Tips To Make Your Food
Healthier And Lower Cholesterol

Food Gifts are wonderful to make and give, but some of your recipients may have special dietary considerations. Does this mean that you can’t make them something special? Of course not! A variety of your favorite recipes can be made healthier simply by substituting lower-fat ingredients. Consider the list of ingredients on your recipe. Then consider the table below to check out if any of the ingredients are placed in the left column. If that's so, you can make the recipe a healthier one using the ingredient in the right column instead.

Instead Of: Use This:
Whole eggs,
egg yolks
Egg-whites or
¼ cup egg substitute
ButterLiquid or tub margarine,
unsaturated vegetable oils,
butter-flavored granules,
spices and herbs to flavor food
MayonnaiseNonfat yogurt, mustard,
low-fat or nonfat mayonnaise
Regular yogurt,
sour cream
Nonfat yogurt,
nonfat sour cream
Potato chips Low-fat or baked chips,
Whole or 2% milk Skim or 1% milk
Whole-milk ice cream Ice milk, low-fat frozen yogurt,
low-fat or nonfat ice cream,
Whole-milk cheeseReduced-fat, low-fat,
nonfat cheese
Whole-milk sour cream Nonfat or low-fat sour cream,
oil, palm oil,
palm kernel oil
Unsaturated oils, such as
safflower, sunflower, canola,
olive oil
Regular salad dressingsLow-fat or nonfat salad dressings,

Use less fat in recipes. Where a recipe calls for 1 cup of butter, use ½ cup butter and replace the other half with 1/4 cup of prune puree. You may make prune puree by pureeing 1 1/3 cups of pitted prunes and 6 tablespoons of hot water in a blender or food processor. This makes one cup of puree. For baked goods, it is easy to replace 1 cup of butter, oil, margarine, or shortening with 1 cup of applesauce and still have a moist, great-tasting item without all of the fat and calories.

Follow these guidelines for the healthiest cooking methods:

  • Bake, broil, roast, steam, microwave, poach, grill or stir-fry with only a little oil.
  • Use nonstick pans.
  • Spray a light coating of vegetable oil in place of liquid oil or butter, or cook with defatted broth, bouillon, fresh fruit juices, or wine.
  • Thicken sauces and soups with skim or 1% milk and a little flour or cornstarch instead of whole-milk products.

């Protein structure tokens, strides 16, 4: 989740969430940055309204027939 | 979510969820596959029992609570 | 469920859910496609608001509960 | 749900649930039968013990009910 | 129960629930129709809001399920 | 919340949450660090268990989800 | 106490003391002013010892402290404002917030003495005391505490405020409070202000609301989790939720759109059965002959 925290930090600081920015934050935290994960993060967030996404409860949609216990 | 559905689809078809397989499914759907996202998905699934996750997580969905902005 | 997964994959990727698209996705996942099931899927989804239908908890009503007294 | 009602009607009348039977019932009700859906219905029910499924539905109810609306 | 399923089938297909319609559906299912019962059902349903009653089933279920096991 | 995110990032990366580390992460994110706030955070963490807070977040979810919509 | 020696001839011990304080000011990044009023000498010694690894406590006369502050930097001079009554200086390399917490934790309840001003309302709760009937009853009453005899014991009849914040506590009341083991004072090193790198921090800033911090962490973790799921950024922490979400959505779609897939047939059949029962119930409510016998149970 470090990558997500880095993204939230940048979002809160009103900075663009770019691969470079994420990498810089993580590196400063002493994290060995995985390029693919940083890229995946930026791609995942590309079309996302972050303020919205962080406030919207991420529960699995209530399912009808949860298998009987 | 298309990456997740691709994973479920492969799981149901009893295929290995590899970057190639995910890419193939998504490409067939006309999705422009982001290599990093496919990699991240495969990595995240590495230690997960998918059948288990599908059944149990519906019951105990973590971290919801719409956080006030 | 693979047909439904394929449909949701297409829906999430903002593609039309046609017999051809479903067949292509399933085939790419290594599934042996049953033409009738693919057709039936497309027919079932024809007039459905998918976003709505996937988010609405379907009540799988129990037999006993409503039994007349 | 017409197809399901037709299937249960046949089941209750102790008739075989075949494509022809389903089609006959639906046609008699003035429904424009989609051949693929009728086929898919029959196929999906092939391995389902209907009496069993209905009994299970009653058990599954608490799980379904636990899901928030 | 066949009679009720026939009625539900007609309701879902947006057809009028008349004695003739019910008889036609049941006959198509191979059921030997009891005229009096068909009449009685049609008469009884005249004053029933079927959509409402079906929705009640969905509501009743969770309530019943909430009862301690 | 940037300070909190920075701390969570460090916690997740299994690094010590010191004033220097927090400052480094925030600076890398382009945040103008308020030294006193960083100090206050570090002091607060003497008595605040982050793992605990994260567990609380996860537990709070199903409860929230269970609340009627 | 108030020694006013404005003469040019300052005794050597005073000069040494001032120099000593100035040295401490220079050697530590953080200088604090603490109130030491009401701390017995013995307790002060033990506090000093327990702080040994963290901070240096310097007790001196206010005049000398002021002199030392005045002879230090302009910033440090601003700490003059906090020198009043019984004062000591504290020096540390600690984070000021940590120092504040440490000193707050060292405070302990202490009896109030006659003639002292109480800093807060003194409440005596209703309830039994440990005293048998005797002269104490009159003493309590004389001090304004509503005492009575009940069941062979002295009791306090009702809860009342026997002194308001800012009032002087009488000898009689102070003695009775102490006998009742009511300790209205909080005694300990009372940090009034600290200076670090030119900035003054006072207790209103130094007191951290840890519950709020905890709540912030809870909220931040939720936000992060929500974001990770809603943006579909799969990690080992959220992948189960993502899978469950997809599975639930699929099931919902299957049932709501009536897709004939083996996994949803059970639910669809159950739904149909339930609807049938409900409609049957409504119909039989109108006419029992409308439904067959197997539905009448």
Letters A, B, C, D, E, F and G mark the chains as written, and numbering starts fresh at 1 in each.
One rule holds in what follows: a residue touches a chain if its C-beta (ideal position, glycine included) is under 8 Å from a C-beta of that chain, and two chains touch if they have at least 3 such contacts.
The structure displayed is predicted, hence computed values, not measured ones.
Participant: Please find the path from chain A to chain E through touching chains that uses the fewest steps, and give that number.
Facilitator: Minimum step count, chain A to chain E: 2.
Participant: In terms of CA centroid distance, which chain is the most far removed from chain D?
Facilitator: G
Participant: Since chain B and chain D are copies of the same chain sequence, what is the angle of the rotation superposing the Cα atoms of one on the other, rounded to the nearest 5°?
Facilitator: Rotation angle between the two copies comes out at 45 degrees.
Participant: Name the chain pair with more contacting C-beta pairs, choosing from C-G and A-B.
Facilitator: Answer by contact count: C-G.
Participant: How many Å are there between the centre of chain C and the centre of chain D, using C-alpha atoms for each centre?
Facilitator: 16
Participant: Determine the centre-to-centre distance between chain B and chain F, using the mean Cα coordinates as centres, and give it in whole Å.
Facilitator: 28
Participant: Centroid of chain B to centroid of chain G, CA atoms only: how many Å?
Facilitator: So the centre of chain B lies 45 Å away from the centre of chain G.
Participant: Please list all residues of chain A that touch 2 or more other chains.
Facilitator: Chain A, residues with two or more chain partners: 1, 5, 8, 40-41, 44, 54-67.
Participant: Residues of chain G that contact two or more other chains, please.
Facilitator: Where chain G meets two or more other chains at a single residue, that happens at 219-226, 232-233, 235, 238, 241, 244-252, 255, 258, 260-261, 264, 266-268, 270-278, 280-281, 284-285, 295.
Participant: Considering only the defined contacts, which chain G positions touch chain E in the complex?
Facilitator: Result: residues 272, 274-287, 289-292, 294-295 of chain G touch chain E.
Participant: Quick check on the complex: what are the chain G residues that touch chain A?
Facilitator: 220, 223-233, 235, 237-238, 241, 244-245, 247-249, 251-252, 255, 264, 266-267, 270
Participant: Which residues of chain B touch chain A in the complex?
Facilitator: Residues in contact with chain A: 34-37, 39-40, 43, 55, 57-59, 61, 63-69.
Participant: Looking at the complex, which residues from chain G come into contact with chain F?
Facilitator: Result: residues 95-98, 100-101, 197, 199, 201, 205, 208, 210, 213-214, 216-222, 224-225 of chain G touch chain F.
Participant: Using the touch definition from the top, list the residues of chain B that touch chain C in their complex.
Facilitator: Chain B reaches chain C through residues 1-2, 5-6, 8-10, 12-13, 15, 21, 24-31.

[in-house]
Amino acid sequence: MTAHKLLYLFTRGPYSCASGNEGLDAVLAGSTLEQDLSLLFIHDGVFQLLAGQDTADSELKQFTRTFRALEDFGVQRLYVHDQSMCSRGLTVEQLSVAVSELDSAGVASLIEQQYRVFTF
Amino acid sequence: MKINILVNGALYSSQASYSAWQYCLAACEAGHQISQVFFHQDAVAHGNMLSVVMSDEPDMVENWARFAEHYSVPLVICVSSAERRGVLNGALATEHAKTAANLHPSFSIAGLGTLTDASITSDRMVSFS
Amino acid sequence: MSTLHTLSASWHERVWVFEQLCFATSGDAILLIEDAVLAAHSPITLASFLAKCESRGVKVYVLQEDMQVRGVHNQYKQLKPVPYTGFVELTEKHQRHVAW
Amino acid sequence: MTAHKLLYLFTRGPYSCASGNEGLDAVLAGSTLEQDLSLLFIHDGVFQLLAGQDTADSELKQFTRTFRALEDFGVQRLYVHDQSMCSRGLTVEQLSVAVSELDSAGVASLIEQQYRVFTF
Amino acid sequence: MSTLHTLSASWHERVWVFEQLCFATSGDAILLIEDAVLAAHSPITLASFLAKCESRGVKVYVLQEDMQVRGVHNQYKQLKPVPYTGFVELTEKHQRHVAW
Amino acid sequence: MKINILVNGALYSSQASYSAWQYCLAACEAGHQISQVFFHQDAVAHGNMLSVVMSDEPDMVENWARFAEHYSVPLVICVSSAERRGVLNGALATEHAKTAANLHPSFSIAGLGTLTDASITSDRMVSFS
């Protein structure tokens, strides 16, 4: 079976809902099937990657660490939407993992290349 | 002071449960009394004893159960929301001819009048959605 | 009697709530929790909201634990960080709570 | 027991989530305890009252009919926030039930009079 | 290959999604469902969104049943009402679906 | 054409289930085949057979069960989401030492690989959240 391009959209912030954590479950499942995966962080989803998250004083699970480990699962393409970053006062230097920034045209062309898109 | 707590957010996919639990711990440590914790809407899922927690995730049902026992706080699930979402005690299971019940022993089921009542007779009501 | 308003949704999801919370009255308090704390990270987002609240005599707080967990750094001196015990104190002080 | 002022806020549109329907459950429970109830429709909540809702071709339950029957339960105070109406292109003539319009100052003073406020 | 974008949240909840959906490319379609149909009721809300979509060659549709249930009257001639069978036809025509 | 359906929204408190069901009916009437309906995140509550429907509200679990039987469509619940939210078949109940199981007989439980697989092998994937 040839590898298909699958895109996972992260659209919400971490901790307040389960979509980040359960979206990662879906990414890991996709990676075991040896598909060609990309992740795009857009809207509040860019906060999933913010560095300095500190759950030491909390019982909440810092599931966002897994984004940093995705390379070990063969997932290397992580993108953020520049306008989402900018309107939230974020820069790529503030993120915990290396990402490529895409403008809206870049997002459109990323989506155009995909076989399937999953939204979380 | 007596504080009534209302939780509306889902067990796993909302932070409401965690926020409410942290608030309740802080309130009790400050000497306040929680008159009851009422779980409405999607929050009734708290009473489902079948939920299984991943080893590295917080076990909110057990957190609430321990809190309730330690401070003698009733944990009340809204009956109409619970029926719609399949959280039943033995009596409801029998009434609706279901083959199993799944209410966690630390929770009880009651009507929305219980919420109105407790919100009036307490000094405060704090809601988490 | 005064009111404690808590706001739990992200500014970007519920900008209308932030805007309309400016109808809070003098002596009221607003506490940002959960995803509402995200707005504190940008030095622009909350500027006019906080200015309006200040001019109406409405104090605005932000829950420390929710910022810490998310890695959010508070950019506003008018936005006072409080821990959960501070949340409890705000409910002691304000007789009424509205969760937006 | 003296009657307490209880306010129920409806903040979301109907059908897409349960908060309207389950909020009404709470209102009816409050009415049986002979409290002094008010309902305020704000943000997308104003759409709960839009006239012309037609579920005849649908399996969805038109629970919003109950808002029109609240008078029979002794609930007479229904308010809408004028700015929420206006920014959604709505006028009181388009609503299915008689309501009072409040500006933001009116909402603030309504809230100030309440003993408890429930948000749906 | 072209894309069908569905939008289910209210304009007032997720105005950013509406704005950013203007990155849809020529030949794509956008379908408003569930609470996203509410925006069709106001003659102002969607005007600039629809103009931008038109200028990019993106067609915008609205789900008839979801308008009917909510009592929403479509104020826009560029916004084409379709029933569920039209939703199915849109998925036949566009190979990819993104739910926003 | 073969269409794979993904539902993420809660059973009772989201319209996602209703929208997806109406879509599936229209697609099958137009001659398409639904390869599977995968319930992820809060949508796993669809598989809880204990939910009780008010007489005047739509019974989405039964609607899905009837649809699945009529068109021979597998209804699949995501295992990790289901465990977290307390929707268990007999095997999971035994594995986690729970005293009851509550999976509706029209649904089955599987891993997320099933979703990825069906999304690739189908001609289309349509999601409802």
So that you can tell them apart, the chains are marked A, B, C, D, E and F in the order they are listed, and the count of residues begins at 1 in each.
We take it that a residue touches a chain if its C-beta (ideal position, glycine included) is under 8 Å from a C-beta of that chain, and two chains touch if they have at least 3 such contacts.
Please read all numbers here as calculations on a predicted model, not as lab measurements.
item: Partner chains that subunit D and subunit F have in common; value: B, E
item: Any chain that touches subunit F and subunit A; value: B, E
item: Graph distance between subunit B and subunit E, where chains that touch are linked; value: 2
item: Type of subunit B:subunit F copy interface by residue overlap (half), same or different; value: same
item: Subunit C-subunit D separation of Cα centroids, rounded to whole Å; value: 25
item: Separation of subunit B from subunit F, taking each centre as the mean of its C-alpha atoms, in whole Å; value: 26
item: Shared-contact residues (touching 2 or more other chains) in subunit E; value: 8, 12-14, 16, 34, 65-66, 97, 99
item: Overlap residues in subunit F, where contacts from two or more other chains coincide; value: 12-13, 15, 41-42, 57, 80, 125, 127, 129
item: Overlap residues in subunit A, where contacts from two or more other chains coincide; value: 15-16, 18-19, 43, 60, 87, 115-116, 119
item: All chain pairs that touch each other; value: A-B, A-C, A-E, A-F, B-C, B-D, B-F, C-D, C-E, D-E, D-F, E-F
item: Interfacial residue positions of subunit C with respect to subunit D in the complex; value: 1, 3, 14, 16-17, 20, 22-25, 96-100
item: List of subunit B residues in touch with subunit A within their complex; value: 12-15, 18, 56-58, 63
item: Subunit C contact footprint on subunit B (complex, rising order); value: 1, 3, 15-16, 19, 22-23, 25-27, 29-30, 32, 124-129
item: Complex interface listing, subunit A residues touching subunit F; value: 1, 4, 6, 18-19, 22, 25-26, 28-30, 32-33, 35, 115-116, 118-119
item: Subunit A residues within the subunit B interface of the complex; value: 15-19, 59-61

If you are looking for ways to reduce your own cholesterol, try substituting non-animal sources of protein once or twice a week, like tofu, beans, peas, or lentils. This could take some getting used to if you are a so-called meat-and-potatoes woman / man. If this sounds new for you, have a look at some vegetarian cookbooks or magazines to get ideas for preparation methods and spices.

Make gradual changes. With time, you'll get used to your new meals, plus your tastes will change. Adding more vegetables can also increase your dietary fiber, which helps lower your LDL - or bad - cholesterol.

Dietary fiber is found in all the following:

  • Oats
  • Oranges
  • Pears
  • Brussels Sprouts
  • Carrots
  • Dried Peas and beans

It is possible to choose healthy food and after that without realizing it add unhealthy ingredients if you aren't wise about how exactly you add flavor. Use herbs rather than butter or margarine. Or make use of a little unsaturated vegetable oil. Many cookbooks have lists of herbs that bring out the flavor of foods. Try some. You're apt to discover some new flavors that you like. Try basil on zucchini, for example. Or use lemon pepper on broccoli.

The word homemade usually makes food sound better. And, not surprisingly perhaps, it often tastes better too. The important secret is that it's usually healthier for you. Use fewer prepackaged foods. Prepackaged sauces, mixes and instant products, such as instant rice, pasta meals, and instant cereals often contain extra fat and sodium. It is very easy to make your own seasoning mixes and sides that are healthier than their "convenient" counterparts, and you know exactly what's in them.

About the writer - Georgia Rascon writes for the low cholesterol food recipes blog , her personal hobby webpage dedicated to suggestions to eat healthy to prevent high cholesterol levels.

Author's note: The words provided on this document are designed to support, not replace, the relationship that exists between a patient/site visitor and his/her doctor. Georgia Rascon has not business intent and does not accept direct source of promotion coming from health or pharmaceutical businesses, doctors or clinics and websites. All content supplied by her is based on her editorial judgment and it’s not driven by an advertising purpose.

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